"There are simply not enough priests around who can assume the duties of a leading pastor," stressed Munster Auxiliary Bishop Christoph Hegge.

Similar leadership models have also been introduced in other dioceses, in some cases with women holding positions. For example, the Osnabruck Diocese appointed a woman as the pastoral envoy for the North Sea island of Langeoog, supported by a "moderating priest" from the diocese.

The Vatican recently stopped plans drafted by the Trier Diocese to establish 38 large-scale parishes to be co-led by a priest and a group of laypeople.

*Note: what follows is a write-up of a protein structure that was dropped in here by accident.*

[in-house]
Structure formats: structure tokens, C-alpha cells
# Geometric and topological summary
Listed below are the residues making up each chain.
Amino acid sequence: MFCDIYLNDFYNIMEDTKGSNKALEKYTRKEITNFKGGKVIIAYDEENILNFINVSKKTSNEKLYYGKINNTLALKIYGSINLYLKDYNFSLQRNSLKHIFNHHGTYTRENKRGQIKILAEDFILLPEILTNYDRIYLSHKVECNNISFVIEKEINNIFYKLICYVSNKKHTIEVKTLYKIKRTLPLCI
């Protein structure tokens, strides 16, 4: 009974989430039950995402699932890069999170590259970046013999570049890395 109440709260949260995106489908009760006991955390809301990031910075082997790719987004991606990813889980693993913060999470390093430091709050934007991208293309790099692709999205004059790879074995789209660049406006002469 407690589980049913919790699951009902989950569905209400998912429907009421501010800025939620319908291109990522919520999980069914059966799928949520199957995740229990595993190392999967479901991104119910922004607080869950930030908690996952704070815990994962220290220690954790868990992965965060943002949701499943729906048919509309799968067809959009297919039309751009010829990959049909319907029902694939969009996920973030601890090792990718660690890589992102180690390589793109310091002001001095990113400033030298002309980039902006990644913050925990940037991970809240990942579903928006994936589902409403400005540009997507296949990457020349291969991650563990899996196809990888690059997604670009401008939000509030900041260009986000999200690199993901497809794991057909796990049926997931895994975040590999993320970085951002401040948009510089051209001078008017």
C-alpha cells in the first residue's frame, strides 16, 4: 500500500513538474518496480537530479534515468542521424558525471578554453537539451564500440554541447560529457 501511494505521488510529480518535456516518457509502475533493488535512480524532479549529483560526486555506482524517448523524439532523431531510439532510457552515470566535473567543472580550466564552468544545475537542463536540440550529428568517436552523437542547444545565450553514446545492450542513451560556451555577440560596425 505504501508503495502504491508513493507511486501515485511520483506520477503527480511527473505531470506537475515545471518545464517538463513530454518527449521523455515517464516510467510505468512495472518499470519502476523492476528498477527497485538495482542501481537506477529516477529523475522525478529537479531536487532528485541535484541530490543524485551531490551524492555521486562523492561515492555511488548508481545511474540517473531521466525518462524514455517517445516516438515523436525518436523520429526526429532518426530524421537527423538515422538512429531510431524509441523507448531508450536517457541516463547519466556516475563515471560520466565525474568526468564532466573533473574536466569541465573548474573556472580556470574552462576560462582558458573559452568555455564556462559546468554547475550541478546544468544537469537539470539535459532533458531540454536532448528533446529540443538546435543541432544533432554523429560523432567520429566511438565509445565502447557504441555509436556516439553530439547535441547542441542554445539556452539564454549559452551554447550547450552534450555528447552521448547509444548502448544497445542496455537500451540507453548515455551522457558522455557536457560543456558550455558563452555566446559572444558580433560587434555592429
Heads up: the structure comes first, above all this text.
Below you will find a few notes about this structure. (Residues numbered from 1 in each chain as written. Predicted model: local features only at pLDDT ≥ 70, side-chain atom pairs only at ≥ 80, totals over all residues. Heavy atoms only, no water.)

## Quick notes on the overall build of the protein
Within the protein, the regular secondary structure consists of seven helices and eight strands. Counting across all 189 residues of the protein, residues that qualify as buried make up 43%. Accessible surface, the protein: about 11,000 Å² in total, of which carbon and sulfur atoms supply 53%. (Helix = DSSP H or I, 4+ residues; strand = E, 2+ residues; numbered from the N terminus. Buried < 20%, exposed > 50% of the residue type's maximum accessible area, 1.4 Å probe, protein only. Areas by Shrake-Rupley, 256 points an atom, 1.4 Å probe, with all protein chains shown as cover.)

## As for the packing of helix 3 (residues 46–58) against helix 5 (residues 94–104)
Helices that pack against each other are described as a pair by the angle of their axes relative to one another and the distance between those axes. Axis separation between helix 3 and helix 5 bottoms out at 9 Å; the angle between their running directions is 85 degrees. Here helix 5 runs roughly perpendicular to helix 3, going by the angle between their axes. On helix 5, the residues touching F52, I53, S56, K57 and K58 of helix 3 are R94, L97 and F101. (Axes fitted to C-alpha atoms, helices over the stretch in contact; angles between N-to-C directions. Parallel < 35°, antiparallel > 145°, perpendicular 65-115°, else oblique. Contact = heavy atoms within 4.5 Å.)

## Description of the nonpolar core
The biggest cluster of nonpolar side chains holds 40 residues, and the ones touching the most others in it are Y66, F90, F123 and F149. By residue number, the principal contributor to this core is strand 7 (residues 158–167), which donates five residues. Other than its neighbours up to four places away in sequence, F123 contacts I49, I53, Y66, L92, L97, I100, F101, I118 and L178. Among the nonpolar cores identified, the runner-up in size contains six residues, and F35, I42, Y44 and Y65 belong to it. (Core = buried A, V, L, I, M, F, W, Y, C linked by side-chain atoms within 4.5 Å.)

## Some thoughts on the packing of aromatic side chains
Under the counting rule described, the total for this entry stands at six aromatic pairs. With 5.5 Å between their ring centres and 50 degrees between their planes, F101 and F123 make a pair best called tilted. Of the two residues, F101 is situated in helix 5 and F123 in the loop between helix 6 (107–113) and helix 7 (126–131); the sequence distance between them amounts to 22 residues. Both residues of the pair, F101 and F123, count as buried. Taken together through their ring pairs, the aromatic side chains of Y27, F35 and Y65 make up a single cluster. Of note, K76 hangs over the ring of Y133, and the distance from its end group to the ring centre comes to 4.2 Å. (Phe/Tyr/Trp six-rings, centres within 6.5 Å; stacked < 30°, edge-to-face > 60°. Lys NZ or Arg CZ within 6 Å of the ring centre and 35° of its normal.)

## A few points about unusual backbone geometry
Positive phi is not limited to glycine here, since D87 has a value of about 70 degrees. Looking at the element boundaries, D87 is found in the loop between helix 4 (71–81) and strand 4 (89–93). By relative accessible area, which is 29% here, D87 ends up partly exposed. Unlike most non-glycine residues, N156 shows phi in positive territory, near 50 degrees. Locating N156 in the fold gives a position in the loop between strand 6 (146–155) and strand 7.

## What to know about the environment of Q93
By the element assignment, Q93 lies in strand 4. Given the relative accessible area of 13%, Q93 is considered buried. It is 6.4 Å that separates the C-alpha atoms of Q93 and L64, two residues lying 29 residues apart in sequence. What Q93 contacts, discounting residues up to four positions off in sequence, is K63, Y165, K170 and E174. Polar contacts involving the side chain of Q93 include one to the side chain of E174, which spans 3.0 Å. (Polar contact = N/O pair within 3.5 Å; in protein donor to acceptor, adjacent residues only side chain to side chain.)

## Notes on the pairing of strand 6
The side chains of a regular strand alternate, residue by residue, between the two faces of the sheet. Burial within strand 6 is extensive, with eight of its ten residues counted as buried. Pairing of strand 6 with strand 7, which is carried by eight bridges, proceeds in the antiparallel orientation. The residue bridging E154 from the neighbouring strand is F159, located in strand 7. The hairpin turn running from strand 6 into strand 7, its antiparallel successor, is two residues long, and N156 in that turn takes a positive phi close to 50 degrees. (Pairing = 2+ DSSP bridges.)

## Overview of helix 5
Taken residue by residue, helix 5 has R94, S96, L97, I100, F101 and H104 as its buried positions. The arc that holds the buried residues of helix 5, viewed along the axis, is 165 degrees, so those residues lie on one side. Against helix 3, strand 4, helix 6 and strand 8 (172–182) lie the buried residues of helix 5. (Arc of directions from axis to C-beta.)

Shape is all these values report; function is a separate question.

Matthias Kopp, spokesman for the German bishops' conference, said the bishops will carefully study the Vatican document and discuss it at their next meeting.

- - -

Copyright © 2020 Catholic News Service/U.S. Conference of Catholic Bishops. www.catholicnews.com. All rights reserved. Republishing or redistributing of CNS content, including by framing or similar means without prior permission, is prohibited. You may link to stories on our public site. This copy is for your personal, non-commercial use only. To request permission for republishing or redistributing of CNS content, please contact permissions at [email protected]